What’s New in Azure Networking – December Edition

Azure Networking is the foundation of your infrastructure in Azure. So @pierre and I decided we'd bring you a monthly update on What's new in Azure Networking. In this blog post, you're introduced to the topics from our show, Wired for Hybrid, with helpful links for you to dive deeper into each of the topic areas.

This month, we cover a few items to round out the year, and some things for you to look forward in 2023.

Generally available: Custom IP Prefixes (BYOIP) now available in US Government regions

With this release, you can now use Custom IP Prefixes (aka Bring your own IP – BYOIP) in the US Government regions. BYOIP allows organizations to use their own IP ranges in Azure. For organizations in or moving to a hybrid model, this is the next step to bridging your on-premises resources and Azure resources into a single by retaining your existing IP ranges.

References

Manage a custom IP address prefix
Create a custom IPv4 address prefix – Azure portal

Generally available: Custom IP Prefixes (BYOIP) now available in US Government regions | Azure updat…

General availability: Static IP configurations of private endpoints

In the first of two new features for private endpoint, you can now use static IP addresses when configuring private endpoints in your environment. Traditionally, these are dynamically allocated out of a subnet's IP range. While this might work in most environments, certain secure implementations requiring a static IP address would be impacted by this. For those organizations needing static assignments, you can now implement this in Azure. The one caveat is you have to assign at creation of the private endpoint, which can be done through the portal, powershell, or az cli. This may mean a recreation of some endpoints to use this feature.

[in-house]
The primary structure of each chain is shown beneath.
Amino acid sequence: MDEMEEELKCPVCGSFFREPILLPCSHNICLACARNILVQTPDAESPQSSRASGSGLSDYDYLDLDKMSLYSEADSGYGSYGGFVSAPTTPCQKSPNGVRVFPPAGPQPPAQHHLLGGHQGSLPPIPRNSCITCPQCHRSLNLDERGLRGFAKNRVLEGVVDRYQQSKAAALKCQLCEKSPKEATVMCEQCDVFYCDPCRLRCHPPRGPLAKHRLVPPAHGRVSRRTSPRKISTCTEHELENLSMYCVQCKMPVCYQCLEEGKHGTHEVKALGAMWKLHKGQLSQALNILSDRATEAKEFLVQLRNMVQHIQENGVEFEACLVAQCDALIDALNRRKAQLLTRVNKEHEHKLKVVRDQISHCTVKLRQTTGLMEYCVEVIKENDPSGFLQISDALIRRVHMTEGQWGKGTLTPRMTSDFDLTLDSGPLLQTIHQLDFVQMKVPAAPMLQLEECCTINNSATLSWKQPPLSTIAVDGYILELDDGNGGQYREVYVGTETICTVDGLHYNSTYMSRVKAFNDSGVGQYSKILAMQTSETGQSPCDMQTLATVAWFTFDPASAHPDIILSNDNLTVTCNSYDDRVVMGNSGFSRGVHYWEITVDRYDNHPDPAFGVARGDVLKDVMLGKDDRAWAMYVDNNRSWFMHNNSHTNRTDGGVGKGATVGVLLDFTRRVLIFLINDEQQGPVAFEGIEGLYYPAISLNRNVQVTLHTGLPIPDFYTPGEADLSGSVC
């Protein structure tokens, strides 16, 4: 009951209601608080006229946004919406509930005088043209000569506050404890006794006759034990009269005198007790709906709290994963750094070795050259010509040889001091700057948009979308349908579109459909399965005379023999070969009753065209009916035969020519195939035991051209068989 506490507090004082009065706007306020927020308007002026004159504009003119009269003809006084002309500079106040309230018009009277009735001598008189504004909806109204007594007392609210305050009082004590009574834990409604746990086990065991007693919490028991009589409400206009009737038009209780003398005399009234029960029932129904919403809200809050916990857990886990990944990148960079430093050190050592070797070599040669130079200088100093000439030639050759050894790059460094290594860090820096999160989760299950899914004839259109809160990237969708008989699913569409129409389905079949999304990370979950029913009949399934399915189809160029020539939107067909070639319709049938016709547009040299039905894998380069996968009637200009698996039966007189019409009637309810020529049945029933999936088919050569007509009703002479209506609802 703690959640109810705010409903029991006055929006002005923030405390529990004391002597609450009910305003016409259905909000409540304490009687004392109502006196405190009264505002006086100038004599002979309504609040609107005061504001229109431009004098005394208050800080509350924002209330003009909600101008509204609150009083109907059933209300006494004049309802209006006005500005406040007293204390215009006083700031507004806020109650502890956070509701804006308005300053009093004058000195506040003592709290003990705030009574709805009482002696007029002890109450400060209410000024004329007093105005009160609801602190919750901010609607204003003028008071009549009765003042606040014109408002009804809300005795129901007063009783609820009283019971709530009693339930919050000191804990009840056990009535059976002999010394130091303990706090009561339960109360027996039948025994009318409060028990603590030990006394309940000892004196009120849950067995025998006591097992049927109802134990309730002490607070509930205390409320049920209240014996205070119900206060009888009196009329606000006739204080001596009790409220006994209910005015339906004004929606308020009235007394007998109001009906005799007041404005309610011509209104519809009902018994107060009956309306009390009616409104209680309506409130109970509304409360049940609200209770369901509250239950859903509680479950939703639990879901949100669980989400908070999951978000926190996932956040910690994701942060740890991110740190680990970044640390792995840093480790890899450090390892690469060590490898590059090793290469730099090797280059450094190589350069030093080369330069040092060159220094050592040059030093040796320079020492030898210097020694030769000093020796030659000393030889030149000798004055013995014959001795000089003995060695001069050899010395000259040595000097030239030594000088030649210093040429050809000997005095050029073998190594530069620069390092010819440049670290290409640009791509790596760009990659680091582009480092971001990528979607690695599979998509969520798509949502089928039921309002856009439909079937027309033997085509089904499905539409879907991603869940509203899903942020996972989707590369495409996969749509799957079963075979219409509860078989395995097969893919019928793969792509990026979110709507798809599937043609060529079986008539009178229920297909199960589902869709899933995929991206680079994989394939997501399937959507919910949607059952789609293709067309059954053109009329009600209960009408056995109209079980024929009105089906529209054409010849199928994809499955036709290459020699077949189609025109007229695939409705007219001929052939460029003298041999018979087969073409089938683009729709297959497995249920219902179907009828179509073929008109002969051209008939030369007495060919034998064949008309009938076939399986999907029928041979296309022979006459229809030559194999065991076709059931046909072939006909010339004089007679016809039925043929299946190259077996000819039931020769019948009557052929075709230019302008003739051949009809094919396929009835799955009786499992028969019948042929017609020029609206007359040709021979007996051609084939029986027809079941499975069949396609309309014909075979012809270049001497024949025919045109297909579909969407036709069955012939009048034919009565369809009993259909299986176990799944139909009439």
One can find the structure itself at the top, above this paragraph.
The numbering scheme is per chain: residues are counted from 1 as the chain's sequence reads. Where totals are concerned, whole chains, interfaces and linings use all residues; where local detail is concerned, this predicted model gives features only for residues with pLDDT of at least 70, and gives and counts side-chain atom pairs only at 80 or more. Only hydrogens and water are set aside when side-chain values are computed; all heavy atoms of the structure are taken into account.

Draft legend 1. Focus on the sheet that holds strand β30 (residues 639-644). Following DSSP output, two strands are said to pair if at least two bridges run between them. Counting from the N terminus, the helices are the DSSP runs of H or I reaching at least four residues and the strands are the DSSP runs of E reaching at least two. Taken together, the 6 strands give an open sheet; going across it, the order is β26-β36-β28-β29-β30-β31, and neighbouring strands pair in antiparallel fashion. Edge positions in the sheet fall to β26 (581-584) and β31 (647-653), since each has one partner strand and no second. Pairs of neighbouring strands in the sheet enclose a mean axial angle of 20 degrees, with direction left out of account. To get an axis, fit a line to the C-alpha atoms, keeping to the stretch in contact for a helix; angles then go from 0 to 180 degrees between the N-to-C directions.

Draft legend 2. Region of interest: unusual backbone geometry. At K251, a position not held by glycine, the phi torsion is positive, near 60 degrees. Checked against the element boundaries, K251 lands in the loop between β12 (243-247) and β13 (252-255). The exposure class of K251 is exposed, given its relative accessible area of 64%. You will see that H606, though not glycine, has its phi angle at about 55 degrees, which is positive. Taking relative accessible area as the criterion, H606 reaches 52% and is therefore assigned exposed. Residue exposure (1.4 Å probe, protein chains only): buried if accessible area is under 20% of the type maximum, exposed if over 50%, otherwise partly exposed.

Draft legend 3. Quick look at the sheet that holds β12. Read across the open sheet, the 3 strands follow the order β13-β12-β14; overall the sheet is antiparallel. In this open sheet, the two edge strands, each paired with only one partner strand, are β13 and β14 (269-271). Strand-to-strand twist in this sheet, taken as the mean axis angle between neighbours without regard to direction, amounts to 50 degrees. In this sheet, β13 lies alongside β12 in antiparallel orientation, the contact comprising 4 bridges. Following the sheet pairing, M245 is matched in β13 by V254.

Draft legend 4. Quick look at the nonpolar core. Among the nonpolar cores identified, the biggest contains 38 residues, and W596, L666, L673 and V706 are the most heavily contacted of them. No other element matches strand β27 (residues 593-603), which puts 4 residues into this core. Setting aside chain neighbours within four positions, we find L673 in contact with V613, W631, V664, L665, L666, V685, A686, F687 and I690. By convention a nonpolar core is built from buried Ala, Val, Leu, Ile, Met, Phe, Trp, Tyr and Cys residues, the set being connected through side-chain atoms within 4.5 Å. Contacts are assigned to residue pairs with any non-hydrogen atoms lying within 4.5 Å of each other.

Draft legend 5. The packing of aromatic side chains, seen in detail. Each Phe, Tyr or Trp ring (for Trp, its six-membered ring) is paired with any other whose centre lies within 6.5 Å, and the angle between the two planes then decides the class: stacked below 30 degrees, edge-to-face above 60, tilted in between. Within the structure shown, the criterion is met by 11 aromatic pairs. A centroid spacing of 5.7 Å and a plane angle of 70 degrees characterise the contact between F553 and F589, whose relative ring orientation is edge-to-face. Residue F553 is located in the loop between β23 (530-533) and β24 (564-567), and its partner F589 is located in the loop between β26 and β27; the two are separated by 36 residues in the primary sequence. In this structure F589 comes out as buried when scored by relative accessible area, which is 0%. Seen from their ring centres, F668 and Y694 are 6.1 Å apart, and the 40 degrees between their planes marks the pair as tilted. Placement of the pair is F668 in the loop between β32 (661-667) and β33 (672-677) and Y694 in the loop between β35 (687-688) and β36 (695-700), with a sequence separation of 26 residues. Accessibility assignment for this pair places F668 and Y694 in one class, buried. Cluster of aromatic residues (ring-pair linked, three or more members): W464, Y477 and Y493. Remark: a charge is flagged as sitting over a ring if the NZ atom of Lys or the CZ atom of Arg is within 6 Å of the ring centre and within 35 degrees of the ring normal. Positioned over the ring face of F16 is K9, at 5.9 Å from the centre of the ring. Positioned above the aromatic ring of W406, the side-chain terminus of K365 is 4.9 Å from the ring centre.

References

Learn to create a private endpoint by using Azure PowerShell

Learn to create a private endpoint by using Azure PowerShell

Learn to create a private endpoint by using Azure CLI

General availability: Static IP configurations of private endpoints | Azure updates | Microsoft Azur…

General availability: Custom network interface name configurations of private endpoints

In the second of two new features with private link, you can customize the interface names of your private endpoints. Before this, you were limited to using the built-in naming convention which included the endpoint's name and it's GUID. In a large (or any) organization, this created challenges identifying an endpoint by name. Now you can utilize a custom naming convention that aligns with standards you use with other Azure resources. The only caveat is you can't rename an existing interface. Customization occurs at creation of the private endpoint.

References

Learn to rename Azure Private Endpoints – Azure Private Link

General availability: Custom network interface name configurations of private endpoints | Azure upda…

General availability: Azure DNS Private Resolver – hybrid name resolution and conditional forwarding

The last feature is a good one. Azure DNS Private Resolver continues the work to make your on-premises infrastructure and Azure infrastructure one . It does this by providing an Azure-based solution to resolve and conditionally forward DNS queries from a virtual network, on-premises, and to other target servers without the need to create and manage a custom DNS solution. No custom DNS solutions or hacks are needed.

References

Create an Azure DNS Private Resolver using the Azure porta

Create an Azure DNS Private Resolver using Azure PowerShell
Create a private endpoint DNS infrastructure with Azure Private Resolver for an on-premises workload…

General availability: Azure DNS Private Resolver – hybrid name resolution and conditional forwarding…

New Features in Public Preview

For some things to look out for in the future, here are a few features that are now in Public Preview.

Important Note on Public Preview features – These features are provided without a service level agreement, and are not recommended for production workloads. Use them in a test environment and definitely expect things to change without notice.

In the coming months, we'll be covering new features in Azure Networking as well as taking deep dives into use different networking features. You can expect a “What's New” video around the 15th of each month. We'd love to hear your feedback on topics you found helpful, and suggestions for our future talks.

See you in 2023!

 

This article was originally published by Microsoft's Core Infrastructure and Security Blog. You can find the original article here.